What type of people are you looking for to help meet these challenges?

The global world that today’s professionals meet is much more complex than twenty or thirty years ago.  Today, it is not only necessary to course a degree; but to also know how to speak in several languages and possess those soft skills that allow them interact effectively in this International business world. Professionals need to be creative in order to face the global industry situations that they will find in this global reality that we now live in.

How is EDP involved with InnoEnergy’s Master programmes and its students?

We have developed several business cases, what InnoEnergy calls “Engineering & Business Cases” (E&BC). In these classes, students can experience real-life industry issues and situations with the guidance of real industry professionals. They learn by doing. In our opinion this is the best way to prepare for the employment market that they are going to meet.

As an employer, what benefits do you believe an InnoEnergy Master’s degree gives the students – this combining of engineering education with business and entrepreneurship skills?    

From my point of view, it is very common to see engineers working in so many different fields nowadays. From designing, through calculation of structures, construction management or simple management. The job market is tough, that is why in Spain so many young people are starting their own companies. This is why a holistic education is needed – one that covers all areas of technical knowledge as well as actual business creation skills – it’s a must for engineers now. They will need practical skills and to know how to work in a multi-cultural environment. And this is exactly what InnoEnergy Master’s School provides them with.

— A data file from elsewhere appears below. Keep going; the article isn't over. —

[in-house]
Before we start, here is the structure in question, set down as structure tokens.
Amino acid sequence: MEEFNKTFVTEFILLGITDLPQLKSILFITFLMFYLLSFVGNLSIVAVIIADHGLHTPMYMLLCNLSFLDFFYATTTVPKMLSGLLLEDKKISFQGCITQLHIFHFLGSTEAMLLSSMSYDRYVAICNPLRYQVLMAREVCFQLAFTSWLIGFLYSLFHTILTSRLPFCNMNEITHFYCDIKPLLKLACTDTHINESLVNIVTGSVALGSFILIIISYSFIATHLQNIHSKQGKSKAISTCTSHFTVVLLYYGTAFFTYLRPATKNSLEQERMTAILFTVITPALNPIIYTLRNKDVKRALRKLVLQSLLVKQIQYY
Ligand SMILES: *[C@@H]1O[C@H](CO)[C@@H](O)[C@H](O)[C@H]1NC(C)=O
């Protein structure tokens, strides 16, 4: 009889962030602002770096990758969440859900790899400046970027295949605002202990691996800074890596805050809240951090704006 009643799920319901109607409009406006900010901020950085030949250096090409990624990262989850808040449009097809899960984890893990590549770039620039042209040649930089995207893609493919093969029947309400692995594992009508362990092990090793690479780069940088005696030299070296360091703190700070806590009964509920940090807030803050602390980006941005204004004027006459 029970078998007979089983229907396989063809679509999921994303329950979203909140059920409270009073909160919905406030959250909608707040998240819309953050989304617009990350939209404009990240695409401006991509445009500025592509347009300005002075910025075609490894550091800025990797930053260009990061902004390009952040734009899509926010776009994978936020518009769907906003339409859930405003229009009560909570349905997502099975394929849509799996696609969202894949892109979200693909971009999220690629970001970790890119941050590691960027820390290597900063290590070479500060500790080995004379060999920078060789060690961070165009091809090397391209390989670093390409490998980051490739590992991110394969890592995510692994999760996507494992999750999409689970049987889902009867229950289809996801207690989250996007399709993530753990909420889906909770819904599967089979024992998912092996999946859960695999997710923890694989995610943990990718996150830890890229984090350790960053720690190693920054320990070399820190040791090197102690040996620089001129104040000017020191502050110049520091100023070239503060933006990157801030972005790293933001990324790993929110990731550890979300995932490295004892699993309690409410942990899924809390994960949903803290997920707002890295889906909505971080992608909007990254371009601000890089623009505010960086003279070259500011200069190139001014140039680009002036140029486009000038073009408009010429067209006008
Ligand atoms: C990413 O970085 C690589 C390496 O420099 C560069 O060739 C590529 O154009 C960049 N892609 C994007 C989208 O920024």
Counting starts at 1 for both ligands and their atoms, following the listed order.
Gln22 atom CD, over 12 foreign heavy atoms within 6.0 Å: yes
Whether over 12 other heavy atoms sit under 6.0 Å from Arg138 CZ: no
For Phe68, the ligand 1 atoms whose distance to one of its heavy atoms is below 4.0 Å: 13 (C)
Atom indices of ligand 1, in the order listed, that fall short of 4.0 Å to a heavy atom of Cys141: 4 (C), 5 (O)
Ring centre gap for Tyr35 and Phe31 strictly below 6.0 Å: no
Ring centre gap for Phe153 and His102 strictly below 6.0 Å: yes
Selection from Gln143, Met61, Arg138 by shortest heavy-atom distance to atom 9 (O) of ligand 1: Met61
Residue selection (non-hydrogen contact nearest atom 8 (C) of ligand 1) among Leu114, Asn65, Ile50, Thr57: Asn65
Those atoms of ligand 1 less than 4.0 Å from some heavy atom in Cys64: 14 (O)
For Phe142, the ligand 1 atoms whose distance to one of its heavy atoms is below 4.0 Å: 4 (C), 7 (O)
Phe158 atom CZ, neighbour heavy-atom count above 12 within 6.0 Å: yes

How would you describe the students that you’ve engaged with?

Students at InnoEnergy’s Master´s programmes are a mix of international, well prepared people that – without any doubt – will be a strong force in the marketplace in the following years. They are well prepared in terms of theory, they are able to speak several languages and they have those ever-important soft skills to effectively work in and solve complex business situations. I am excited to see what they will do!

Graduate – Mercè Labordena

Mercé Labordena

Name: Mercè Labordena
Age: 29
Nationality: Spanish
Programme: MSc RENE
Year of graduation: 2013
Position: Working on her PhD at the Human-Environment Systems group at ETH, the Swiss Federal Institute of Technology in Zürich, Switzerland.


Mercè Labordena is currently doing her PhD at ETH, the technical university in Zürich, Switzerland. With a background in industrial design and engineering, she had a broad base of knowledge, which she has combined with her studies at MSc RENE, the KIC InnoEnergy Master School programme with focus on renewable energy production.


Concentrated Solar Power